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Board Approves Panel Deferral of Amaravati Investigation Recommendation

India Amaravati

The World Bank’s Board of Executive Directors on July 13, 2018, approved an Inspection Panel decision to defer for a second time its recommendation on whether an investigation is warranted of the proposed Amaravati Sustainable Capital City Development Project in India. The Panel proposed to report back to the Board after nine months or when Bank management authorizes the appraisal of the proposed project, whichever arises earlier.
The objective of the project, which has yet to be approved by the Board, is to “provide select urban infrastructure in designated locations of Amaravati Capital  City, and to develop capacity of its urban governance institutions.” The total financing for the project is US$715 million, of which Bank lending is proposed to be US$300 million through an International Bank for Reconstruction and Development investment project loan.

A May 2017 Request for Inspection, which the Panel registered in June 2017, was filed by landowners from the area proposed for the construction of the city. They allege harm from a land pooling scheme being used to assemble the land required for the city, as well as from other project activities. The Requesters claim harm related to their livelihoods, environment and food security, and allege a lack of consultation as a result of the Bank’s non-compliance with its environmental and social policies in preparation of the proposed project.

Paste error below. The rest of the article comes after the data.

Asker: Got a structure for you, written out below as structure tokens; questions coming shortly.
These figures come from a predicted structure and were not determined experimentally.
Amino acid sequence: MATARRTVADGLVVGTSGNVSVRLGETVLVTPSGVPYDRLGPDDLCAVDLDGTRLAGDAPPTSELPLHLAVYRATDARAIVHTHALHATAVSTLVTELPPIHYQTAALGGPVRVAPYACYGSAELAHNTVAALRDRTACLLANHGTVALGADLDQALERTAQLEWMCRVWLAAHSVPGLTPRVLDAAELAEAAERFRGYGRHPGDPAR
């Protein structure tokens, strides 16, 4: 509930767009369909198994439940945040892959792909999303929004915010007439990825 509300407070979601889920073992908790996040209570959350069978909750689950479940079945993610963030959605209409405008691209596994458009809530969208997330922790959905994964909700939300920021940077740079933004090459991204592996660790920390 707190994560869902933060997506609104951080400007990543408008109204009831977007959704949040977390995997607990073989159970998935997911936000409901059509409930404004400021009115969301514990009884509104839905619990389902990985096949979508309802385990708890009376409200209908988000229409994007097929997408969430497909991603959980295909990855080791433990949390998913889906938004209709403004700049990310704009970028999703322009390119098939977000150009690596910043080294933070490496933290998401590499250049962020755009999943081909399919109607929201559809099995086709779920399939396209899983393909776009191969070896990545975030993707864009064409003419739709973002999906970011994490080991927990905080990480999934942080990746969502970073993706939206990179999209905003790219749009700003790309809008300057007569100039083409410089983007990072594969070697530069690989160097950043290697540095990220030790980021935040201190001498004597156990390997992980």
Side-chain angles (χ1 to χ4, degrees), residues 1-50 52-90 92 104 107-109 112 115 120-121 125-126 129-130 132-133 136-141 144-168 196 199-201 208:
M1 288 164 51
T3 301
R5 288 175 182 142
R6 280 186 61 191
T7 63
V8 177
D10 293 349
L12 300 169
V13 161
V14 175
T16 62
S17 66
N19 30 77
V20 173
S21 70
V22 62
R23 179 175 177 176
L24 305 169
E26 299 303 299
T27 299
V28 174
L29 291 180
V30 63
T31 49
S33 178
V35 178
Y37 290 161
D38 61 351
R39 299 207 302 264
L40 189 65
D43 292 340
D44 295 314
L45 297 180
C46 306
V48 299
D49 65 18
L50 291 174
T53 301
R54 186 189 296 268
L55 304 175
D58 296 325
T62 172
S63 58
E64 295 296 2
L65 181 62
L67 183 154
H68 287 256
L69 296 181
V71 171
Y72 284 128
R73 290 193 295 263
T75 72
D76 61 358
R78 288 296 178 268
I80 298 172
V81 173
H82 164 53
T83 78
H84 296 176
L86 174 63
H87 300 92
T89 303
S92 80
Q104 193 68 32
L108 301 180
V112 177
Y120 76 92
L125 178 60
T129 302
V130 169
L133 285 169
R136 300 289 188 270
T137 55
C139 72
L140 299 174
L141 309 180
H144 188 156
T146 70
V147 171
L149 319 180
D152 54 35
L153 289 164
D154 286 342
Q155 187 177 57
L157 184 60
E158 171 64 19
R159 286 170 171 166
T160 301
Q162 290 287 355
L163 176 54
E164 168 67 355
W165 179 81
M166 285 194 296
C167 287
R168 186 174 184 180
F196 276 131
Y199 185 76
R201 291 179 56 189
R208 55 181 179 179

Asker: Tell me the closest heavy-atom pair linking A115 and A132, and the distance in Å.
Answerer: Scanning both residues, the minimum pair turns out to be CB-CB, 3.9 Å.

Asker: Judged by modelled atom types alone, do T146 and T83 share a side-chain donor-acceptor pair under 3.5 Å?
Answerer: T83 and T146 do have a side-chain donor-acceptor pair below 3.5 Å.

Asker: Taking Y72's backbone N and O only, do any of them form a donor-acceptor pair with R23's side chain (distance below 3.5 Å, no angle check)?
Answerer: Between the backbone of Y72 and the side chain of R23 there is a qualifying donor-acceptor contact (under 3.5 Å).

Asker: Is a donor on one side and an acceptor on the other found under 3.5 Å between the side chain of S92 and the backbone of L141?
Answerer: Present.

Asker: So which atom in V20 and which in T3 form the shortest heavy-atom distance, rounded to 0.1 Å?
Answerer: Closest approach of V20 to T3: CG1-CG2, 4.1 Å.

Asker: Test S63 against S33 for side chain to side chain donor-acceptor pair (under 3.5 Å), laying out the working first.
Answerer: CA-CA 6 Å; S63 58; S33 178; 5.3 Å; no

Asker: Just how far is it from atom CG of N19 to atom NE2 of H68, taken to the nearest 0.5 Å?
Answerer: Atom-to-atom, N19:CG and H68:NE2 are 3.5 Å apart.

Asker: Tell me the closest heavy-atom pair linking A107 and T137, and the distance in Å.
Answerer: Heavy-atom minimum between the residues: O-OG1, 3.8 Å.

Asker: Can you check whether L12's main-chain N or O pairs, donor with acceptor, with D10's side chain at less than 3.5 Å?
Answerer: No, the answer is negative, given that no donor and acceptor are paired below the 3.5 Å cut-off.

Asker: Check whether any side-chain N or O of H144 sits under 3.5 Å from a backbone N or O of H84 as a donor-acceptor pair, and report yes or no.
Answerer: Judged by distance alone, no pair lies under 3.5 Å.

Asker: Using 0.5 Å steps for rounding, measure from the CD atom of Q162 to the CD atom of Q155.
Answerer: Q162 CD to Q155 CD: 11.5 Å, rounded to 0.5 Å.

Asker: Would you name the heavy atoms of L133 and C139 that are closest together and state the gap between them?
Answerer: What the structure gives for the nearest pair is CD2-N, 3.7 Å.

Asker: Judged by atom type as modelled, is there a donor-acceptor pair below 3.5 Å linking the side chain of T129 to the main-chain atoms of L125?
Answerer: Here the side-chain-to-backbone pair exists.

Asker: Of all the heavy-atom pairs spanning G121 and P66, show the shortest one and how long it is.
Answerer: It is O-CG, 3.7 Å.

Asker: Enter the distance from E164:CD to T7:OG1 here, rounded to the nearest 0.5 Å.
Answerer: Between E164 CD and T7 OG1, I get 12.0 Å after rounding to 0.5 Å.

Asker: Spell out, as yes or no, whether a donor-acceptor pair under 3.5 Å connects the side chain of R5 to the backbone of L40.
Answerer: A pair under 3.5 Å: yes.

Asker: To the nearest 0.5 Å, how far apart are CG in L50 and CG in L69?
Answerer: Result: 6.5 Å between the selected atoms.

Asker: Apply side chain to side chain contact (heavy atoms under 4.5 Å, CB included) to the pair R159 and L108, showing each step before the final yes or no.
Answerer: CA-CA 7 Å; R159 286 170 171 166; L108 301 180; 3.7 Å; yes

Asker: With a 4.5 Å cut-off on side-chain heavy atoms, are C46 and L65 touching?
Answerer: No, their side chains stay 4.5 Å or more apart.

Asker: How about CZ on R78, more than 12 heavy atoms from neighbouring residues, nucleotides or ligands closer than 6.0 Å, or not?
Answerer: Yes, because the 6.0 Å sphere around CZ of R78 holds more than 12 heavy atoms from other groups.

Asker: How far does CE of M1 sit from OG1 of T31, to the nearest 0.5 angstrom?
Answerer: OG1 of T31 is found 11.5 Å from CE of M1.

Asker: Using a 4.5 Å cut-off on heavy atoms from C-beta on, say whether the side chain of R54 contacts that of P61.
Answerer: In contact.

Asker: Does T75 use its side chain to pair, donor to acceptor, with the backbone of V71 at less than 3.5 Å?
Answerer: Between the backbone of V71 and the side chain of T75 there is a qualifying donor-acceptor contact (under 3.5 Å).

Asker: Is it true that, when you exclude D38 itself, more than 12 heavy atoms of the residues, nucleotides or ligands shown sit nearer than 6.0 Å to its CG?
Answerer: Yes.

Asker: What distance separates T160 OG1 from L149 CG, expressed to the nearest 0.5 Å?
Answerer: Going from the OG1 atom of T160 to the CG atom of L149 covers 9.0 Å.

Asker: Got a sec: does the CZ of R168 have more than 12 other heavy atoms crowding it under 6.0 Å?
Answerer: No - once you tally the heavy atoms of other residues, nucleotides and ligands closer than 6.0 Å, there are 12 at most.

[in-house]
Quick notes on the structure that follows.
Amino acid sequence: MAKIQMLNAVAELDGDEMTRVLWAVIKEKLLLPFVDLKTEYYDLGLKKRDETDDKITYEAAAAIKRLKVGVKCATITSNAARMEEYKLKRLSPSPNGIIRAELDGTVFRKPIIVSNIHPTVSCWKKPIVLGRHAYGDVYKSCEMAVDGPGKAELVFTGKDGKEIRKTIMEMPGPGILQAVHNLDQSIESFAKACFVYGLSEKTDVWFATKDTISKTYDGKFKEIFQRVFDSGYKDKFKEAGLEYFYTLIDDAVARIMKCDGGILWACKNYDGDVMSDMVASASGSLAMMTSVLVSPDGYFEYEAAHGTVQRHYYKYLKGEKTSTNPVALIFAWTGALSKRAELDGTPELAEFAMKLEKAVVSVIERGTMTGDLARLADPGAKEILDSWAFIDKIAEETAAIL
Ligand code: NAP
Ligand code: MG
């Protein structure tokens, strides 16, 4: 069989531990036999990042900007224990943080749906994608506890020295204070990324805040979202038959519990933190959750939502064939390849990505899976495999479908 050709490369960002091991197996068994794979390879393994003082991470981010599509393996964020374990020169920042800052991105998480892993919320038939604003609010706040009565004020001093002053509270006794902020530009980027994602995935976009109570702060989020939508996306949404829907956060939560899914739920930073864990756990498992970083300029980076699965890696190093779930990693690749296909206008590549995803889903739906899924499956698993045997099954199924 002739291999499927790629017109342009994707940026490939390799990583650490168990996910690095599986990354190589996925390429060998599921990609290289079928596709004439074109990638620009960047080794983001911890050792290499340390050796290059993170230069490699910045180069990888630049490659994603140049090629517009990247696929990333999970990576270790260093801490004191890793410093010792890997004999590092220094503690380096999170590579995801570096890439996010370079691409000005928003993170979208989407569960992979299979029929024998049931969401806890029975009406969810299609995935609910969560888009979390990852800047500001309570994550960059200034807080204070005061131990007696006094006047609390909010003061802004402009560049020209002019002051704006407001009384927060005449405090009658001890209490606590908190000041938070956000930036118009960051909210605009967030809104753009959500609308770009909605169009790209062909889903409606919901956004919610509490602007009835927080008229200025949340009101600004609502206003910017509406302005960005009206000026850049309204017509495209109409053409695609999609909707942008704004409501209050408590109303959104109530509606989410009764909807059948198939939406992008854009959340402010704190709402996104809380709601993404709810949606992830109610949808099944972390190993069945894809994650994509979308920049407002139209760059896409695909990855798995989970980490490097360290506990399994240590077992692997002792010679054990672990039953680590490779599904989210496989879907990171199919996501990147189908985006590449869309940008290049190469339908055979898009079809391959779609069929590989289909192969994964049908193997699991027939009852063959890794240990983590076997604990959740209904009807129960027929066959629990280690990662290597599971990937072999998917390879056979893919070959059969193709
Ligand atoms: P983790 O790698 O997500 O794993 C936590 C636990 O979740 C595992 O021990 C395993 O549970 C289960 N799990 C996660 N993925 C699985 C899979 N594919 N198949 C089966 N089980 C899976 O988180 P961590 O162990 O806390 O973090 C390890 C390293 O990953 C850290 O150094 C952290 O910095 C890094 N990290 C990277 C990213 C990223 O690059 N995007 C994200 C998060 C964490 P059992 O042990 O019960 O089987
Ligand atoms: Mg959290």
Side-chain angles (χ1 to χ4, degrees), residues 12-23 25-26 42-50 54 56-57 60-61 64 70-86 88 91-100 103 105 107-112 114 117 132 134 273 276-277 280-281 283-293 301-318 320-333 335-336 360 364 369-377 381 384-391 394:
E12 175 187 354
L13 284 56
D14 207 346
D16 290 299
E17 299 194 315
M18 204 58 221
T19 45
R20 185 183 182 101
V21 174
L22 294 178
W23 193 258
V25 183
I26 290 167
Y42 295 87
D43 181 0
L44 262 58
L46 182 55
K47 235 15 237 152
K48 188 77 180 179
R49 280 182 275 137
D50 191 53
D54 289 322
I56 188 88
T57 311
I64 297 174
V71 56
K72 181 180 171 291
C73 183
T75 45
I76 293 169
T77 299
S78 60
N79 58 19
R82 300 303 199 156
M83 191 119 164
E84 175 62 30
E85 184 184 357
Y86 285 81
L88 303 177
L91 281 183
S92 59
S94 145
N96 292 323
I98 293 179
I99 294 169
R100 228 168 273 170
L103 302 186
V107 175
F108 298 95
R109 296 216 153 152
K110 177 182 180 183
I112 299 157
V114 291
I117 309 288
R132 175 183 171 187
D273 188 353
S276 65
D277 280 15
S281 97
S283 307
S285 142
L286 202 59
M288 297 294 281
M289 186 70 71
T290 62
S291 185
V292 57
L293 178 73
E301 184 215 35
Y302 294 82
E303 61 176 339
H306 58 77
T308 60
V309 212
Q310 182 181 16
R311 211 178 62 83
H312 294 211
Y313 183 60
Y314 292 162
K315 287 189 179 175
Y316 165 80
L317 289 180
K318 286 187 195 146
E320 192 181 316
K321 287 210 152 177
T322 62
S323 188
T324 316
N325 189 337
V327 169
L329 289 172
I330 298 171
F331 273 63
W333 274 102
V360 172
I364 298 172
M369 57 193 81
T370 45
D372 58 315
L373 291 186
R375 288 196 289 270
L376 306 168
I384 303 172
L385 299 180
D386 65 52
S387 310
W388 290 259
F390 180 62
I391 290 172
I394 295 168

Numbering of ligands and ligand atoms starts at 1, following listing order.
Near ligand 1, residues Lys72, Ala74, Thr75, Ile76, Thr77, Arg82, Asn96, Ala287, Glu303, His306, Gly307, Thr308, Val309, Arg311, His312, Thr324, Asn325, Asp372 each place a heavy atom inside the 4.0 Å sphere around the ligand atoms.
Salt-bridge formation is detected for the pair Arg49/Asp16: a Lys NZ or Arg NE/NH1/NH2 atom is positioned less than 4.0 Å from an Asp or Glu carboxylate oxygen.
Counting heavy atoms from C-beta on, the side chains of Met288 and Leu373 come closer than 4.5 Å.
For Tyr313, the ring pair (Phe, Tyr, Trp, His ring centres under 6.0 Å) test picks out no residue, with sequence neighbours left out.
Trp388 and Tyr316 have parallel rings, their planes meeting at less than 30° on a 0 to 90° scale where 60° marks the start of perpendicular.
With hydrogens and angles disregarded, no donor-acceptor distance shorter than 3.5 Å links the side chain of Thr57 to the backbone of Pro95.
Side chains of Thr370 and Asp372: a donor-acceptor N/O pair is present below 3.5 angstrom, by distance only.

Last December, the Board had approved the Panel’s recommendation to defer its investigation recommendation for six months to “provide an opportunity for the Bank to address the Requesters’ concerns” and to “introduce measures to ensure that the project’s preparation is in compliance with Bank policies and procedures.” The Panel met Bank management in April and June 2018 to receive updates on the progress of project preparation and on the implementation of the proposed actions. During this same period, the Panel received regular communications from the Requesters who raised several concerns, including issues of accessibility and responsiveness of the Grievance Redress Mechanism and the establishment of the Citizen Advisory Committee.

The Panel understands from the management updates that several actions to address the Requesters’ concerns, including the independent assessments of the land assembly instruments that will serve as inputs to the project’s safeguards instruments, are still underway and require more time to be completed. The Panel notes that these assessment studies are a key element of the actions proposed by management. The Panel further notes that, according to management, the authorization to appraise the project can only be requested once all required safeguards instruments have been cleared and disclosed. The Panel is of the view that there is a need to await further progress on the assessment studies and other actions in order to be able to assess the implementation of management’s commitments to address the allegations of harm and Bank non-compliance raised in the Request for Inspection.

Considering the above, the Panel on June 26, 2018, proposed a second deferral of its recommendation for nine months or when management authorizes the appraisal of the proposed project, whichever arises earlier, and the Board approved. 

All public documents related to the case to date can be found on the Amaravati case page on the Panel’s website.